For a brief spell in the 80’s and 90’s, higher education was consumed by the canon wars. For those too young to remember, the canon wars were some earnest and intense battles among people who couldn’t agree on which authors needed to be taught for students to be considered properly educated. Allan Bloom usually gets credit (or blame) for picking the fight, but the battle was joined quickly on many sides. Some favored the “dead white men” who had been taught in Columbia’s Western Civ sequence; some wanted to toss the less interesting and influential dead white guys in favor of some of the more interesting writers from other groups; and some wanted to “teach the conflict.”
At the time, many of us -- and I include myself here, in my earnest grad student days -- considered this battle a high-stakes proxy fight for larger political positions. We believed that one’s position on who should be included in the English lit survey course offered great insight into your larger worldview, and that therefore the reverse must also be true. By introducing new demographics, we believed, we could bring about a more just and tolerant world.
Good times, good times.
I thought of that today as I read about Florida’s move to license unaccredited providers -- whether colleges or anything else -- to offer courses that Florida colleges and universities would have to grant transfer credit.
The contrast between the “conservative” position of the late 1980’s and the “conservative” position of 2013 is glaring.
In the canon wars, the “conservative” position involved upholding the idea of humanistic education. In fact, it held that humanistic education was so important that the prospect of universities doing it wrong was an existential threat to Western society. (Not that they’d use the word “existential,” of course...) Conservatives saw themselves as conserving a tradition, which is their role. It’s what they do, and it serves an important purpose.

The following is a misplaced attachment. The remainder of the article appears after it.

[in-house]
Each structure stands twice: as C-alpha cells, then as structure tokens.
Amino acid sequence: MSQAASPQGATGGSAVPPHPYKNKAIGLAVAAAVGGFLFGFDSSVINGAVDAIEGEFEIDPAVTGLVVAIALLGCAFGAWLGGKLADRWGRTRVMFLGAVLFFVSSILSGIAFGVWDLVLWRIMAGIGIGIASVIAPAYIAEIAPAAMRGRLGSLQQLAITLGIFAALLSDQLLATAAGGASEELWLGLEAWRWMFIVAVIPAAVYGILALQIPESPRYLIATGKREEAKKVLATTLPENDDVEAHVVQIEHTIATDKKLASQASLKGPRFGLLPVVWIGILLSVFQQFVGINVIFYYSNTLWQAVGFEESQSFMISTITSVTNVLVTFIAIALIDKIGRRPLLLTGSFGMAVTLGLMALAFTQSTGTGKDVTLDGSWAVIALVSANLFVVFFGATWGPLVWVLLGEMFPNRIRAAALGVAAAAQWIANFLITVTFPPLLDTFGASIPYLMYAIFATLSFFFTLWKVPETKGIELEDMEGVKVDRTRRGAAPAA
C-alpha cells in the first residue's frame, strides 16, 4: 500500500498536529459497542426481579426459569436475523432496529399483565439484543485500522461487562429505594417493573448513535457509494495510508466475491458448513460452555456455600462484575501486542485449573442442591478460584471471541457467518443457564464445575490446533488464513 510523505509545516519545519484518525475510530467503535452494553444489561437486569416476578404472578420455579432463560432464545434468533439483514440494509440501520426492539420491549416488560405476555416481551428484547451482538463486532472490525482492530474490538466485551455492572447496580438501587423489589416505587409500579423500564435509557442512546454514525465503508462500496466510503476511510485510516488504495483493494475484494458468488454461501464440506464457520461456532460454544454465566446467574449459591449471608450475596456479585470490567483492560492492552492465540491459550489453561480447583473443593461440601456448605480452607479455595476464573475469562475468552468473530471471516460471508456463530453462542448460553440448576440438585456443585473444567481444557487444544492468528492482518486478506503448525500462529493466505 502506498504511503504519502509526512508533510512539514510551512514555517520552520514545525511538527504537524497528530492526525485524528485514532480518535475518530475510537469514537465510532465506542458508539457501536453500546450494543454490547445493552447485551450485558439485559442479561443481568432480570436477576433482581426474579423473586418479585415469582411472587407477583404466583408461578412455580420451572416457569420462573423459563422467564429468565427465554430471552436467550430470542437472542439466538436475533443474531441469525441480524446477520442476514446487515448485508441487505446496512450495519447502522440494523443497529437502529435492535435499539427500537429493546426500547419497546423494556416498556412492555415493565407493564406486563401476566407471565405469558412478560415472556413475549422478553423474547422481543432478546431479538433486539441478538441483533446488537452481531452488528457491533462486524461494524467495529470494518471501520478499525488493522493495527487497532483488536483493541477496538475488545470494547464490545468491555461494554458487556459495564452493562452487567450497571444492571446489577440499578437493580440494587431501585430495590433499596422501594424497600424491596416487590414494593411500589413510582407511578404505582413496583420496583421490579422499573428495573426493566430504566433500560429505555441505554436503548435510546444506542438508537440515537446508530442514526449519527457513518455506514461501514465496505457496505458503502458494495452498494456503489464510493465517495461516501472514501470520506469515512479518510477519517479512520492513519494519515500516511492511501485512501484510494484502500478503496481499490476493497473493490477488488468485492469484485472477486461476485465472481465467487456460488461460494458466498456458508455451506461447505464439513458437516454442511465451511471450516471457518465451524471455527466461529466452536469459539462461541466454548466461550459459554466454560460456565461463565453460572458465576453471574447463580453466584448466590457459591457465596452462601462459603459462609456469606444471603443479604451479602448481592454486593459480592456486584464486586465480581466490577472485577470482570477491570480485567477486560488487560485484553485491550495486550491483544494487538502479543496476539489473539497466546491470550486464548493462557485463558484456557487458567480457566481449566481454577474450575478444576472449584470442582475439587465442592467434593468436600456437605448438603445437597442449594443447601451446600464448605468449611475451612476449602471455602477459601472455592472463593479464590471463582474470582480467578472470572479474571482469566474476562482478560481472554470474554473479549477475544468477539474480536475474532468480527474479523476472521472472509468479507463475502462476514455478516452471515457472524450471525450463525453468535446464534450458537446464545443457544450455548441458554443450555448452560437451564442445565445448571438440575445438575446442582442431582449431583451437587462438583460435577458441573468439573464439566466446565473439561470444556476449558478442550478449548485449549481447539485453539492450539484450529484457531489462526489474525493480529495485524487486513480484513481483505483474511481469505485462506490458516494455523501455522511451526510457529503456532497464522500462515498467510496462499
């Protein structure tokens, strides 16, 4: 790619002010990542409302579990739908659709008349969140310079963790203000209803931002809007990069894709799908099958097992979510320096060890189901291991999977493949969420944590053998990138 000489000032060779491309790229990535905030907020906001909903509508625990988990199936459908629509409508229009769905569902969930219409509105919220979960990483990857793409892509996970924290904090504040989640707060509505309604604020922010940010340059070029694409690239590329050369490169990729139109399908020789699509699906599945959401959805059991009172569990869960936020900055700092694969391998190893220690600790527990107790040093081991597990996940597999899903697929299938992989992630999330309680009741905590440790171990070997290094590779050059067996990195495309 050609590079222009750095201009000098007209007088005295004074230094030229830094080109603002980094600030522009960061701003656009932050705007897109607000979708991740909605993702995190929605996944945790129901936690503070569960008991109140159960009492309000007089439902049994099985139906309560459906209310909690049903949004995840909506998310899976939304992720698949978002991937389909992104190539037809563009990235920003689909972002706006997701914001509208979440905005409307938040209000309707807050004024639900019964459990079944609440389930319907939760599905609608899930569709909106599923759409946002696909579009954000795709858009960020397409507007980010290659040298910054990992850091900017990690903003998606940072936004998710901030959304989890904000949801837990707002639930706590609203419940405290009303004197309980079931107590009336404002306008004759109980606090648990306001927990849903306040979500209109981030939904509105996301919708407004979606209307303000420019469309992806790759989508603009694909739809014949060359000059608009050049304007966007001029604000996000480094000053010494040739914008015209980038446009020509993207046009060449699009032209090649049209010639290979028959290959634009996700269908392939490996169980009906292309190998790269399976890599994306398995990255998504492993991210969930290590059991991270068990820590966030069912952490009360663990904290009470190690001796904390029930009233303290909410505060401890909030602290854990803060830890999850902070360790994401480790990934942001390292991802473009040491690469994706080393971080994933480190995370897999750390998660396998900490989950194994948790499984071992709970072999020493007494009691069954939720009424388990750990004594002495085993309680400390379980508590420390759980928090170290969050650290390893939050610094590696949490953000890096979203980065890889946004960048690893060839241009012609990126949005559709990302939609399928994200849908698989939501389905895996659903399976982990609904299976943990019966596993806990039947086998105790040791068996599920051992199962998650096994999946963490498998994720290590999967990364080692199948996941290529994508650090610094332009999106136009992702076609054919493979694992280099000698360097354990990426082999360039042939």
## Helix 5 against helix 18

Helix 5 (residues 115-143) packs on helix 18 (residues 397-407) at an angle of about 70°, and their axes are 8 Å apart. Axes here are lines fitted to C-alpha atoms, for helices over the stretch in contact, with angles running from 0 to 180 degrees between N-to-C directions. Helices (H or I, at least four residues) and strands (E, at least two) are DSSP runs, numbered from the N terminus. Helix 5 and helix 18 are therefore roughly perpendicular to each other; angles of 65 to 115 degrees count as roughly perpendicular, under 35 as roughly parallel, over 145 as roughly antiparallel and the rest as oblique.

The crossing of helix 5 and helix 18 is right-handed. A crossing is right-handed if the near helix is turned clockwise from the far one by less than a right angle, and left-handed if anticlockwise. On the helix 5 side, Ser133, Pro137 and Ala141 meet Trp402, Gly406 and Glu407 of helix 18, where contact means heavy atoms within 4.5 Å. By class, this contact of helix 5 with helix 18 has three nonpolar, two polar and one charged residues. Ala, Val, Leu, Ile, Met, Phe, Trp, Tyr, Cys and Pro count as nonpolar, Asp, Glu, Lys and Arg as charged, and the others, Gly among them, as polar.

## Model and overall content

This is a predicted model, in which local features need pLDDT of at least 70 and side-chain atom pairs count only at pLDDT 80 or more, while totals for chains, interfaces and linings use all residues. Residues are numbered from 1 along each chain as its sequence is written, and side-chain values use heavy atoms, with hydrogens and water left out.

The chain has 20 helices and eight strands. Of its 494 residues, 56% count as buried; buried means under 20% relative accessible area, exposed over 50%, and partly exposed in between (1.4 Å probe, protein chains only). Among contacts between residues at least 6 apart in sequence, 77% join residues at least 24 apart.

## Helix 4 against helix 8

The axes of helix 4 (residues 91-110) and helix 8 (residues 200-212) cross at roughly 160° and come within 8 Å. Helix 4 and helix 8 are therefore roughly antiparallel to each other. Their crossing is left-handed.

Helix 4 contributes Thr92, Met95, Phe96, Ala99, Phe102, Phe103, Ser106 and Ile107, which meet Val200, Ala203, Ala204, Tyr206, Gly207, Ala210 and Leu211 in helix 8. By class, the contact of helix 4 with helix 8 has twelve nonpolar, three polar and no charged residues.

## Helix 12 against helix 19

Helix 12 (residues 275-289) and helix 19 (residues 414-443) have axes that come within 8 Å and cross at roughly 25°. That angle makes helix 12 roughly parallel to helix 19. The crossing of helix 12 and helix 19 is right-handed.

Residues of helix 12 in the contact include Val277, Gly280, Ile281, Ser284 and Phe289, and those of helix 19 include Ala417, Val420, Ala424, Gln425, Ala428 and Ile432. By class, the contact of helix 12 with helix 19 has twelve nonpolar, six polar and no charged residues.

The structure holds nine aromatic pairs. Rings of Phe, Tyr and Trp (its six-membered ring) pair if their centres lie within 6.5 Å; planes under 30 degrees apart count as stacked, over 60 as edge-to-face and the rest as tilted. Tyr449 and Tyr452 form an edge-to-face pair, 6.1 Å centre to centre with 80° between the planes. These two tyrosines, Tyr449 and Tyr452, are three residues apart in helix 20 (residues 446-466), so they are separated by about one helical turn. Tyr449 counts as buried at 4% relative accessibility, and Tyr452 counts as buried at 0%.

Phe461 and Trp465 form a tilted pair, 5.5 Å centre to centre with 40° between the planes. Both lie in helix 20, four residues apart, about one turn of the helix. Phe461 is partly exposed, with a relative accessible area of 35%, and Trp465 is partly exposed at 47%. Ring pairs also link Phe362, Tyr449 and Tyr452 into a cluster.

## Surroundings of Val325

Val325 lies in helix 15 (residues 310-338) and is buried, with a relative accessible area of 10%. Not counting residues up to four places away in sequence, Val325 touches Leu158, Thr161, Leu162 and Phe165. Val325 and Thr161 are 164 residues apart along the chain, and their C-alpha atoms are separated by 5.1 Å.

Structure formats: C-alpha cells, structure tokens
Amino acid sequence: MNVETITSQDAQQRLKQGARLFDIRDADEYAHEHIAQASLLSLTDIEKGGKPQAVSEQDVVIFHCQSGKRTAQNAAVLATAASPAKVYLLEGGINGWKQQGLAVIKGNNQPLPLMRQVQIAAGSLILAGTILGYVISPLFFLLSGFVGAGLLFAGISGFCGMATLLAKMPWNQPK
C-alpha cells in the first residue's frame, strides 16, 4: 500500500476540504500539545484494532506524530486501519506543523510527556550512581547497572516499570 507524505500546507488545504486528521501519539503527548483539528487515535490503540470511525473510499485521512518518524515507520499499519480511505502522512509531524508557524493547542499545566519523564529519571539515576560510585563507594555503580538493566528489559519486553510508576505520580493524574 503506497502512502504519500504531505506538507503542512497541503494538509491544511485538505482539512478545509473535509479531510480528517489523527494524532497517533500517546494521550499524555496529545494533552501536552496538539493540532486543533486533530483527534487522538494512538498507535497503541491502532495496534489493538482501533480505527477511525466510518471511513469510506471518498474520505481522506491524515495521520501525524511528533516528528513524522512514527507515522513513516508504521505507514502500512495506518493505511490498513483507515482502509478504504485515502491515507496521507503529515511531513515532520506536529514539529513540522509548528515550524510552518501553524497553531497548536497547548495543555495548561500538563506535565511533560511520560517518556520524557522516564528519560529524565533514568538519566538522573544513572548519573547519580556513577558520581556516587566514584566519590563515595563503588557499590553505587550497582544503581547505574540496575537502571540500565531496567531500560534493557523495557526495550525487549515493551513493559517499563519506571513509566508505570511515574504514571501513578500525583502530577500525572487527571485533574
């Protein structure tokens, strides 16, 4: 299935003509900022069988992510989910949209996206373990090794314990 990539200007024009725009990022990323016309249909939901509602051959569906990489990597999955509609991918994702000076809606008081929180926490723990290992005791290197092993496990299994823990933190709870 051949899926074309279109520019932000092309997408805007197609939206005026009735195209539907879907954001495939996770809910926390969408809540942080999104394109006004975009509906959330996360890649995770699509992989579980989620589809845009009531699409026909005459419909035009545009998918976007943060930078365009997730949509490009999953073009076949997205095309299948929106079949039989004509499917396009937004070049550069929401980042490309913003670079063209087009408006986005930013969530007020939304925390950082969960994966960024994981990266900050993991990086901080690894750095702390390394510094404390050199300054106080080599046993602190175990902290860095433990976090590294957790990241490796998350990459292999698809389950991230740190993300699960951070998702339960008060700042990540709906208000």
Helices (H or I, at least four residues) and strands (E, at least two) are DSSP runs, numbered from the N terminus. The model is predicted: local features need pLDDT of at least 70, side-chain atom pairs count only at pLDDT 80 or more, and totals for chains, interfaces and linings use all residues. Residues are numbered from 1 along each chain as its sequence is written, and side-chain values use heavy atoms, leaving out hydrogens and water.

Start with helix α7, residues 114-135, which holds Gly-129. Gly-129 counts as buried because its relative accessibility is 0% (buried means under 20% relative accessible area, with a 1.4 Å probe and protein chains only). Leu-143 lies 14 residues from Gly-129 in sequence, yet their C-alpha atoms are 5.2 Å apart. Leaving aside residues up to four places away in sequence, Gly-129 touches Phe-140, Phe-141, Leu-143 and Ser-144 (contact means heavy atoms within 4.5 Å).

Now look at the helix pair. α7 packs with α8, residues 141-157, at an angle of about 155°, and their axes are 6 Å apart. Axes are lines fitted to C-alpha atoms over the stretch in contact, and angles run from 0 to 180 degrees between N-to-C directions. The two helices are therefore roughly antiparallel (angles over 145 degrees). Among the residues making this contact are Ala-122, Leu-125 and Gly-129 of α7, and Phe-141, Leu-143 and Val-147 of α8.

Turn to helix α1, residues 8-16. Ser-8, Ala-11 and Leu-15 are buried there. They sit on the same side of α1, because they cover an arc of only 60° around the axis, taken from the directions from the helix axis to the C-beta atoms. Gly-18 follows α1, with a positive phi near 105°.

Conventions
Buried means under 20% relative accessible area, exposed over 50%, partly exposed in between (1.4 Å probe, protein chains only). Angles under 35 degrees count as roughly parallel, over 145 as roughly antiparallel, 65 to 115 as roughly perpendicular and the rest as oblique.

I can only imagine Allan Bloom’s response to the Florida bill. Any conservative culture warrior worthy of the name should be apoplectic at the idea of letting legislators dictate curriculum. At this point, conservatives have given up on the idea of maintaining an intellectual tradition, and have settled on cost reduction as a good in itself. They’ve decided that rather than defending Edmund Burke, it’s easier just to run Intro to Business online and call it a day.
As someone who went through grad school at the height of the canon wars, I’m still a little befuddled by the shift in the debate. Although they didn’t realize it at the time, the “traditionalists” and the “multiculturalists” shared a premise: specifically, that the content of humanistic education is important. Now that premise has gone from “obvious” to “quaint,” replaced by increasingly blunt and thoughtless cost cutting. One side sees the cost cutting as desirable, whether as a way to starve a perceived redoubt of lefties or just because austerity feels good. The other side prefers not to talk about cost at all, except as a function of budget cuts. And talk of skills has supplanted talk of content, so discussing which authors should be read has gone from urgent to missing the point.
That’s an alarming amount of change in a relatively short time.
The change isn’t entirely bad. It makes sense to look at skills (or outcomes, or competencies). We want students to be more capable after college than before it. Given several decades of faster-than-inflation cost increases, the idea of ignoring cost just doesn’t fly anymore. And it’s well past time to acknowledge that most students aren’t humanities majors.
But it’s still a bit jarring to see the folks who once styled themselves the guardians of civilization become, proudly, the barbarians at the gates. Their predecessors would have been appalled. They would have accused the current crop of mindless instrumentalism, of selling their birthright for a mess of pottage. And they would have had a point.